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doagoodjobplease

I started buying Sainsbury’s own brand Ketchup after I read an article from them saying that they’d worked hard to get a more tasty, more tomatoey recipe and in truth I genuinely prefer the Sainsbury’s sauce to Heinz, which I too find more sour and vinegary. I’ve not experienced the Sainsbury’s sauce losing its flavour over time, but then we do go through a lot of the stuff quite quickly! Sainsbury’s barbecue sauce and tomato burger relish are also rather yummy; not forgetting their apple sauce, which also has more apple in it than branded. Thanks to Which? we’ve changed to Branston beans which get 10/10 from us for sheer flavour and yumminess. Now, I’m feeling hungry….!

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wavechange

I’m not sure about the value of this discussion because we differ in our likes and dislikes.

Simply buy two or more brands of ketchup, baked beans, etc and compare the taste, price, nutiritional information, etc and make an informed personal decision.

Well, actually I think there is value, and for this reason only – brands have an impact on what we think something tastes like. Heinz may not taste much better than Sainsbury’s own-brand, but because it’s Heinz we think it literally tastes better. And so only blind taste tests can present the truth.

Alex Riley tested this out in his series on super-brands with an interesting idea. He got two tins of Heinz baked beans and changed the label on one to a supermarket own-brand label. Most people said the Heinz-labelled beans tasted better, even though the beans in each were exactly the same. http://www.bbc.co.uk/iplayer/episode/b011llvt/Secrets_of_the_Superbrands_Food/

So it seems it’s difficult for someone to accurately do a taste test of foods themselves, unless it is literally blind to the brands.

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wavechange

Thanks for this, though its fairly well known that brand loyalty can affect people’s judgement.

Simple blind trials are easy to set up in the home. I’ve often done this on my own, the disadvantage being that I know which brands are being compared.

I look forward to watching the programme you mention on iPlayer.

Well, if you happen to hold another blind taste test at home, let us know of the results!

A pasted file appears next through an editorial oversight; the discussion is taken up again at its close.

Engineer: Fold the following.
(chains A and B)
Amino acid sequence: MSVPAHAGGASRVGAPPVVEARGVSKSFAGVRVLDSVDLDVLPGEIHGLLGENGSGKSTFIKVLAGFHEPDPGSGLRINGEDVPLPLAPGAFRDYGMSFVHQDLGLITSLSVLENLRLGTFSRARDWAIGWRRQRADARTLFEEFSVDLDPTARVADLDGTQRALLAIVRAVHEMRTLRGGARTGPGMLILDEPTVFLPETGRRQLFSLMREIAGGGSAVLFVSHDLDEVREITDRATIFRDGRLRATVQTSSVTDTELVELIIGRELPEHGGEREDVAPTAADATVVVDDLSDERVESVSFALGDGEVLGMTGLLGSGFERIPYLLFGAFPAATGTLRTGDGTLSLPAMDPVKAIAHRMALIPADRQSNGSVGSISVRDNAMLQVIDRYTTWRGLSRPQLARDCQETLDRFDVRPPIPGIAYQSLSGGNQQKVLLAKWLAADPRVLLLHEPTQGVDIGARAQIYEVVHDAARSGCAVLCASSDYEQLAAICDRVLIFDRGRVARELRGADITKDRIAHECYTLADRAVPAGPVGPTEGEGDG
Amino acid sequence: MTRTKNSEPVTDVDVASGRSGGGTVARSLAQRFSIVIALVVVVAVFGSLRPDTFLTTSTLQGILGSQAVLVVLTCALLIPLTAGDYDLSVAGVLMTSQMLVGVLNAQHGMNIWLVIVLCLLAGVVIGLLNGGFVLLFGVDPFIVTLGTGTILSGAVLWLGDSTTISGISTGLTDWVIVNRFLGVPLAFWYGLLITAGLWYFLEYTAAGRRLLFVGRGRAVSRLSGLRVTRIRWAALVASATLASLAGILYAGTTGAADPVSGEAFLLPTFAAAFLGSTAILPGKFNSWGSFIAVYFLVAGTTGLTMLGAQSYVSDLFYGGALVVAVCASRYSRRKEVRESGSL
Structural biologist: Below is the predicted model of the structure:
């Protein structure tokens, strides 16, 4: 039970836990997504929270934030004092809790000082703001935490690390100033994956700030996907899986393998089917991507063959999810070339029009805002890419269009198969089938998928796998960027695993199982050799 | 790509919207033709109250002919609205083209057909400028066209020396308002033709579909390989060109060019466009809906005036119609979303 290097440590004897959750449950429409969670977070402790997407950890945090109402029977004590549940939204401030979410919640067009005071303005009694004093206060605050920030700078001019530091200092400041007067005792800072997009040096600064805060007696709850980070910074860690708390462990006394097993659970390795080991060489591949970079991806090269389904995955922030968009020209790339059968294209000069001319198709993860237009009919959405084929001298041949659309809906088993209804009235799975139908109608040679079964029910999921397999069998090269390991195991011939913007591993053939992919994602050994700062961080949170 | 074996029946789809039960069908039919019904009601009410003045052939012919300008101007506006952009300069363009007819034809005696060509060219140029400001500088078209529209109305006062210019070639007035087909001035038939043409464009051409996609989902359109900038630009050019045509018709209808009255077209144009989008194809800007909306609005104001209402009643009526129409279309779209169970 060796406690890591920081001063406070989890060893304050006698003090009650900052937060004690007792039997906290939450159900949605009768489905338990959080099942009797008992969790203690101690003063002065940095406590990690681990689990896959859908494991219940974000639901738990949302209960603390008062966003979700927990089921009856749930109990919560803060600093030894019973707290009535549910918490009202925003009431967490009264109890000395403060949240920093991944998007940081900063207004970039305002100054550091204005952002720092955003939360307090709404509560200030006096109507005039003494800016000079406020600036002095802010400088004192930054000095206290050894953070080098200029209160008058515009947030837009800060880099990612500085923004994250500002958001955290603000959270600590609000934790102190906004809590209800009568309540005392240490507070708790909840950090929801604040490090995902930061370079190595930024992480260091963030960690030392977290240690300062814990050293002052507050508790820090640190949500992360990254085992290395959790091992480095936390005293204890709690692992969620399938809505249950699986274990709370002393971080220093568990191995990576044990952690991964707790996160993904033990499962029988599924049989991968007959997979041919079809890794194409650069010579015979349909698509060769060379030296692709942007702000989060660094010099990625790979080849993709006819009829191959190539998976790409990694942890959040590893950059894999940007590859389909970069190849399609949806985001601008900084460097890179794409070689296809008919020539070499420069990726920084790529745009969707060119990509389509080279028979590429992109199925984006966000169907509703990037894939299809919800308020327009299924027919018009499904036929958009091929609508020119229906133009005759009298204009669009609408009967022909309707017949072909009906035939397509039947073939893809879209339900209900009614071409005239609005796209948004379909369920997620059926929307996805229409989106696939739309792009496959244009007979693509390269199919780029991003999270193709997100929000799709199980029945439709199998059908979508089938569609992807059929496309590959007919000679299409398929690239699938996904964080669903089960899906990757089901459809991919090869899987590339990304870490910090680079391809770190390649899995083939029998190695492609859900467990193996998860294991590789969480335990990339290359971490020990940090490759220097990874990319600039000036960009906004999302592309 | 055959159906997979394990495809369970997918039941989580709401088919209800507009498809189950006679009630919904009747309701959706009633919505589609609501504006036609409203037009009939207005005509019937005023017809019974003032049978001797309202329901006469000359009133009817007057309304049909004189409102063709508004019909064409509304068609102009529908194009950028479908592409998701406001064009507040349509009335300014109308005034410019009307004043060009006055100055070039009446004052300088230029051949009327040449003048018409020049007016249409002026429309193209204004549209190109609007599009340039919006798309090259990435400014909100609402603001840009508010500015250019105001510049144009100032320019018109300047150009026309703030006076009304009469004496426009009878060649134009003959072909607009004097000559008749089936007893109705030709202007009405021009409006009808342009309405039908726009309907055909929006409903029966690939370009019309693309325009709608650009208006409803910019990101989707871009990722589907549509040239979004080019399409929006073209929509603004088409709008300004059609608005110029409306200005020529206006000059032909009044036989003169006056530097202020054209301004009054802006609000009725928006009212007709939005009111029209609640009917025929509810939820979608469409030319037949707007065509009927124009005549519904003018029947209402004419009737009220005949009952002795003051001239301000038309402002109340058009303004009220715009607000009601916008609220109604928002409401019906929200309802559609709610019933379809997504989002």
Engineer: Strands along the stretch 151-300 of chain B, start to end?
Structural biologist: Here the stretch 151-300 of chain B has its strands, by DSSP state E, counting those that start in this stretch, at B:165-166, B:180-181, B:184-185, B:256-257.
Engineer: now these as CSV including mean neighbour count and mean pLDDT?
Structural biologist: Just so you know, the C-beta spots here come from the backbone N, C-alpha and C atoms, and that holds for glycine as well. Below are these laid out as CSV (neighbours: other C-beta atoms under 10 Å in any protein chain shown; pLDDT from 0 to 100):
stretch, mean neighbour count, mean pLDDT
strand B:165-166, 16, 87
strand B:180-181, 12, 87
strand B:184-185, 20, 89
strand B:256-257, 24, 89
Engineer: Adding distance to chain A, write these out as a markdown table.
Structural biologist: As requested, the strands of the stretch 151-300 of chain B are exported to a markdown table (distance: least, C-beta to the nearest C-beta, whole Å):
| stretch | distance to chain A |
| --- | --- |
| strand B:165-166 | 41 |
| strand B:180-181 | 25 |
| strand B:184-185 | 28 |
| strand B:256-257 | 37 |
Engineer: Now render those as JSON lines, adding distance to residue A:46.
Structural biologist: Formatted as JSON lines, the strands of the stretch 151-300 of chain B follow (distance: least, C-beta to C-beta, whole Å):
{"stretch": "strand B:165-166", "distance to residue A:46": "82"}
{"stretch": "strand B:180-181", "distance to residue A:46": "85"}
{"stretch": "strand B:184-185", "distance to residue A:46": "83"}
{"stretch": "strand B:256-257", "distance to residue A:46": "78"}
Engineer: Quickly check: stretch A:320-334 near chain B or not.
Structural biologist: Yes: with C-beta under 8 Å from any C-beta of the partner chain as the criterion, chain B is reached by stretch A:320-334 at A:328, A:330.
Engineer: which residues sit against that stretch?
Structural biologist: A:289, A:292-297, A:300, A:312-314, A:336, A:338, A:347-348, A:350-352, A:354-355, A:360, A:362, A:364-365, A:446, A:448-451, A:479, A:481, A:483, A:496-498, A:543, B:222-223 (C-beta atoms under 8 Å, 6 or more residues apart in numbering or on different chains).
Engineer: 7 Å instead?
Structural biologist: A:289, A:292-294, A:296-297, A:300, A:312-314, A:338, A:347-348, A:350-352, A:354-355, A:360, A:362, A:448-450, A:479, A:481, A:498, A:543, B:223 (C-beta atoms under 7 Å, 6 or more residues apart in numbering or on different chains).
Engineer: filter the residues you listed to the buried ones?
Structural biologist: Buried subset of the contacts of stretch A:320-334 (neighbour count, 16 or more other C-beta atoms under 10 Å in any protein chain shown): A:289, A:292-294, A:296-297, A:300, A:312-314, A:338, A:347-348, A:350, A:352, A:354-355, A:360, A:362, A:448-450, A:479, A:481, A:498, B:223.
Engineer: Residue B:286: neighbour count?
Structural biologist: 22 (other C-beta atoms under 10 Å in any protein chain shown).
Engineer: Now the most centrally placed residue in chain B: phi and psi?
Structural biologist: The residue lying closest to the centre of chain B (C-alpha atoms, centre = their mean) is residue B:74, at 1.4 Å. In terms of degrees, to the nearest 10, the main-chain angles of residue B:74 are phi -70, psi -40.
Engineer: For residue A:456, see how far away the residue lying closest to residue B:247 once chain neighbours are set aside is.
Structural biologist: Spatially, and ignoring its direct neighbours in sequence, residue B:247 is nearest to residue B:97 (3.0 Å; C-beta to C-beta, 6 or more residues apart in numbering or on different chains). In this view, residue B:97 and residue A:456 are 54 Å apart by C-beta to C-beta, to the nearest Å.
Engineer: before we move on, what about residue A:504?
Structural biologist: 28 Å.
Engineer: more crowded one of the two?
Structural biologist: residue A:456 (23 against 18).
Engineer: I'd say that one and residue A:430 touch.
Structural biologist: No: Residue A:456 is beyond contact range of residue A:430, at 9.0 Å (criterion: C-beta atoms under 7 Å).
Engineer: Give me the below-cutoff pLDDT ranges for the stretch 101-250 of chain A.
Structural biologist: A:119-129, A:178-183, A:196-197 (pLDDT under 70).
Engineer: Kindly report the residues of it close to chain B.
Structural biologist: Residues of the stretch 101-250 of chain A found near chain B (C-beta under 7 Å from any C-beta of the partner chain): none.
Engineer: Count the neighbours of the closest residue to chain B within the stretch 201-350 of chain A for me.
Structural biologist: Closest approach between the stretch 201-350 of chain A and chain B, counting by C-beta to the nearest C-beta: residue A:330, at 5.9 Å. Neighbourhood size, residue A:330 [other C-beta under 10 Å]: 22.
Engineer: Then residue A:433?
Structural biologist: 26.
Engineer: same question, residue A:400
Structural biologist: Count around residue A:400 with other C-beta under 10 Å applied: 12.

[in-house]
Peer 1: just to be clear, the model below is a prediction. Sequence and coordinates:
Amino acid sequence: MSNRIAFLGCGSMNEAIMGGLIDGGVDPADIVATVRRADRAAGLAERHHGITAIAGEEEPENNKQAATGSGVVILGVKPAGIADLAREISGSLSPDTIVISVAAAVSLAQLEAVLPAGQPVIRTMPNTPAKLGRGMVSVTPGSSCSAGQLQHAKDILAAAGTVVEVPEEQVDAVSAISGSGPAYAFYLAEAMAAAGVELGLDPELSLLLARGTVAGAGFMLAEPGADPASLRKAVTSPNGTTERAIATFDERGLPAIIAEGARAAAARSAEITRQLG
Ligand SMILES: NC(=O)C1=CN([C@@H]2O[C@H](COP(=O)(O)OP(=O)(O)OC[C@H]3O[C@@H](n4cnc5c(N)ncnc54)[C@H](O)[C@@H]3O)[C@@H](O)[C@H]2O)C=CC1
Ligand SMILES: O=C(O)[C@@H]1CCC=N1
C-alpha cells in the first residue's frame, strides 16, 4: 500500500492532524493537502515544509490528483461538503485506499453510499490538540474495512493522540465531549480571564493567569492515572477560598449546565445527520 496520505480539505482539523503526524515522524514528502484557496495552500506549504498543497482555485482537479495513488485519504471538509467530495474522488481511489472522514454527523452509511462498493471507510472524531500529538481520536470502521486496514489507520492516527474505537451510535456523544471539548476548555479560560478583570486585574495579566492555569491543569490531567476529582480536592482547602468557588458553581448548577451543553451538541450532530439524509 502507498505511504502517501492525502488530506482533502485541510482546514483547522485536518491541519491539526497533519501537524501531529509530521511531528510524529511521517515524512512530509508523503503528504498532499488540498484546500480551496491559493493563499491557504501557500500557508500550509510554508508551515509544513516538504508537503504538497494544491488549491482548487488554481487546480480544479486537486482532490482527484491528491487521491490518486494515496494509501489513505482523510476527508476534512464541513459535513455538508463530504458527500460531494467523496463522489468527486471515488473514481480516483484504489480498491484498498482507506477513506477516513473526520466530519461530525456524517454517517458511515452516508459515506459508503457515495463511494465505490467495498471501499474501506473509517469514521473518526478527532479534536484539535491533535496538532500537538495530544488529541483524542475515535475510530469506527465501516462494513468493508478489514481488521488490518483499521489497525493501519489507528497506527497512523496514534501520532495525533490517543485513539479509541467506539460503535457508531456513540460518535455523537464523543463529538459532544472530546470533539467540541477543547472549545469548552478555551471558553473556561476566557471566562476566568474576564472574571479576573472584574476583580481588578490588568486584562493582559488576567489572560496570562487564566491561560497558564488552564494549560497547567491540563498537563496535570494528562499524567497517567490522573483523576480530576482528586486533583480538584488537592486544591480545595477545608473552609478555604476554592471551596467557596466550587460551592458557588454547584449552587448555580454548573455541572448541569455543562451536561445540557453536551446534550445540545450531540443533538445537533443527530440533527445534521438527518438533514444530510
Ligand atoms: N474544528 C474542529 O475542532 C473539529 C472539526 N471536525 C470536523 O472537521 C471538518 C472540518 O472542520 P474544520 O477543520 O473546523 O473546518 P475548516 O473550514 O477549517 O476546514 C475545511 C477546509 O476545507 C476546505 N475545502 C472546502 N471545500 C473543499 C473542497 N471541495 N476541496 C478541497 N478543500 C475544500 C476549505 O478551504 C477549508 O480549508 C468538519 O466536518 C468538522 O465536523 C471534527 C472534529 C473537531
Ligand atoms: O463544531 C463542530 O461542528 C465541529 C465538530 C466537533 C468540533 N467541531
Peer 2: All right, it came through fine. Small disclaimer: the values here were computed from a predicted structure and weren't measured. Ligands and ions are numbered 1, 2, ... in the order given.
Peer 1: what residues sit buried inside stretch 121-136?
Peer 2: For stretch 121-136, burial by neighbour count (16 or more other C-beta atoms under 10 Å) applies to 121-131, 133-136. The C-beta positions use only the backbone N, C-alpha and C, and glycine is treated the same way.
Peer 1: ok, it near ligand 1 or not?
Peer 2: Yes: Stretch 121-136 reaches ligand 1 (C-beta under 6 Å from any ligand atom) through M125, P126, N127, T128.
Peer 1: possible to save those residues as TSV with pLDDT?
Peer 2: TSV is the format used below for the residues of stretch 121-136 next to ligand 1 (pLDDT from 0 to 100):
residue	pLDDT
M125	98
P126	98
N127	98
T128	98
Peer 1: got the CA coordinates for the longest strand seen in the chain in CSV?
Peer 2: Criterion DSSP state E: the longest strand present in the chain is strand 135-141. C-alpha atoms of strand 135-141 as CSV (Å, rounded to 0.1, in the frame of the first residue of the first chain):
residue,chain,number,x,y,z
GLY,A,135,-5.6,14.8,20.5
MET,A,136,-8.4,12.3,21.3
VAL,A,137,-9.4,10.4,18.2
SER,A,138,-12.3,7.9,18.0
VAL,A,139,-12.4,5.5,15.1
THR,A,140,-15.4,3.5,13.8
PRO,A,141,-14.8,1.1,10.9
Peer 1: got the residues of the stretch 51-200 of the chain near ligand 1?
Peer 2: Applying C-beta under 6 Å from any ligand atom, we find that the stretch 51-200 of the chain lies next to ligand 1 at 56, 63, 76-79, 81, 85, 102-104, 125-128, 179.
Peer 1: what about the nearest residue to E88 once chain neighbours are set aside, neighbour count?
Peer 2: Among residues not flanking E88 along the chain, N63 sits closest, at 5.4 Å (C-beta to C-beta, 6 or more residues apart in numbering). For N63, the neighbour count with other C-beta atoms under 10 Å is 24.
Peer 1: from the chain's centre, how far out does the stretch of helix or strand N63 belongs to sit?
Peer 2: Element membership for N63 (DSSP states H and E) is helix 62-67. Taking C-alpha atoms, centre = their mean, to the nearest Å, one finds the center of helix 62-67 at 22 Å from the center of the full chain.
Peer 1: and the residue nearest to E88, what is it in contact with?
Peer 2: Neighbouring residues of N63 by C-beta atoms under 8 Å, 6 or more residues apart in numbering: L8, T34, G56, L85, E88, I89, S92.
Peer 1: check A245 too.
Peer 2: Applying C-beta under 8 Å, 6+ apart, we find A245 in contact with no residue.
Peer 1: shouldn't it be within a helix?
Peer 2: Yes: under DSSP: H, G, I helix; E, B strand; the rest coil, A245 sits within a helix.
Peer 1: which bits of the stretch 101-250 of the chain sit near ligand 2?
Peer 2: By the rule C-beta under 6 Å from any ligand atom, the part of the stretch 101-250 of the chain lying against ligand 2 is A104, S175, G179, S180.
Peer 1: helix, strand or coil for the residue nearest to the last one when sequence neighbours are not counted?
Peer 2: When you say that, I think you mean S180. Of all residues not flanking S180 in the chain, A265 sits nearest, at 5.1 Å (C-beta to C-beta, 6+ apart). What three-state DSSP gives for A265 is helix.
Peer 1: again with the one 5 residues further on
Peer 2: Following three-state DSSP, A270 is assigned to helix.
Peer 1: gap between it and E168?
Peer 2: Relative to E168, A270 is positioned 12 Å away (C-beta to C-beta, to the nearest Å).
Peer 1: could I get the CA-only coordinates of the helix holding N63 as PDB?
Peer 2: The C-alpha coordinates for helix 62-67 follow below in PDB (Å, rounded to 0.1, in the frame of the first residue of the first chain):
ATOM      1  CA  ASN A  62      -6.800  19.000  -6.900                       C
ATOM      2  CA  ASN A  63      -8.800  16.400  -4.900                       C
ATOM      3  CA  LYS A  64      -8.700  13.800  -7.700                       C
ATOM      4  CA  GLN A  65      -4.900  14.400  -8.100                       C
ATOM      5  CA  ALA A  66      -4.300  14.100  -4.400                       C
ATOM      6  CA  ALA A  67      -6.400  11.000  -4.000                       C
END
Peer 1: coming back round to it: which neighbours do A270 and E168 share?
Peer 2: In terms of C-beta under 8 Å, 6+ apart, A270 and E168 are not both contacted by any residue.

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wavechange

I don’t buy ketchup, so that’s a non-starter.

I will compare instant coffees and since this trial has been commissioned I will enlist the help of a friend to ensure that I don’t know which brands/types I am comparing, though it will include the two coffees that I buy most frequently.

What I have never done is to include coffees that I avoid such as supermarket own brand and decaffeinated coffee (which I have avoided buying because some early versions sometimes contained solvent residues). I’ll include examples of both in my trial.

How did your coffee taste test go Wavechange?

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fishtaster

Heinz beans used to taste good – but not any more. Many respected food brands have been bought out by businesses who appear to parasitize the good reputation once enjoyed by these brands, now peddling the cheapest, nastiest matter at top prices, (eg notice how the price of Heinz has soared over the past few years while the actual product is barely edible). By the time consumers wake up to this and stop buying the muck, big profits will have been raked in over and over again.

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Malcolm R

In buying branded products you are naturally paying extra to cover the cost of advertising and promotions. In return you are getting the credentials of the supplier – consistency, quality control and so on – and confidence in the product. But is it worth it?

I was brought up on HP sauce and Heinz Baked Beans. We shop at M&S (who stock HP) and eventually I noticed their own brand brown sauce was 50% of the price, so braved it. I could not tell any significant difference. With beans, we bought M&S own brand and found them nicer (less sweet) than Heinz – and cheaper. As for Ketchup, I endorse Which?’s rating as a top taste.

As I trust M&S – quality and credentials – we buy a lot of their own brands, at a considerable saving. However I do think you need to have confidence in the quality and ethos of the supplier – there are other stores whose own brands I would not trust.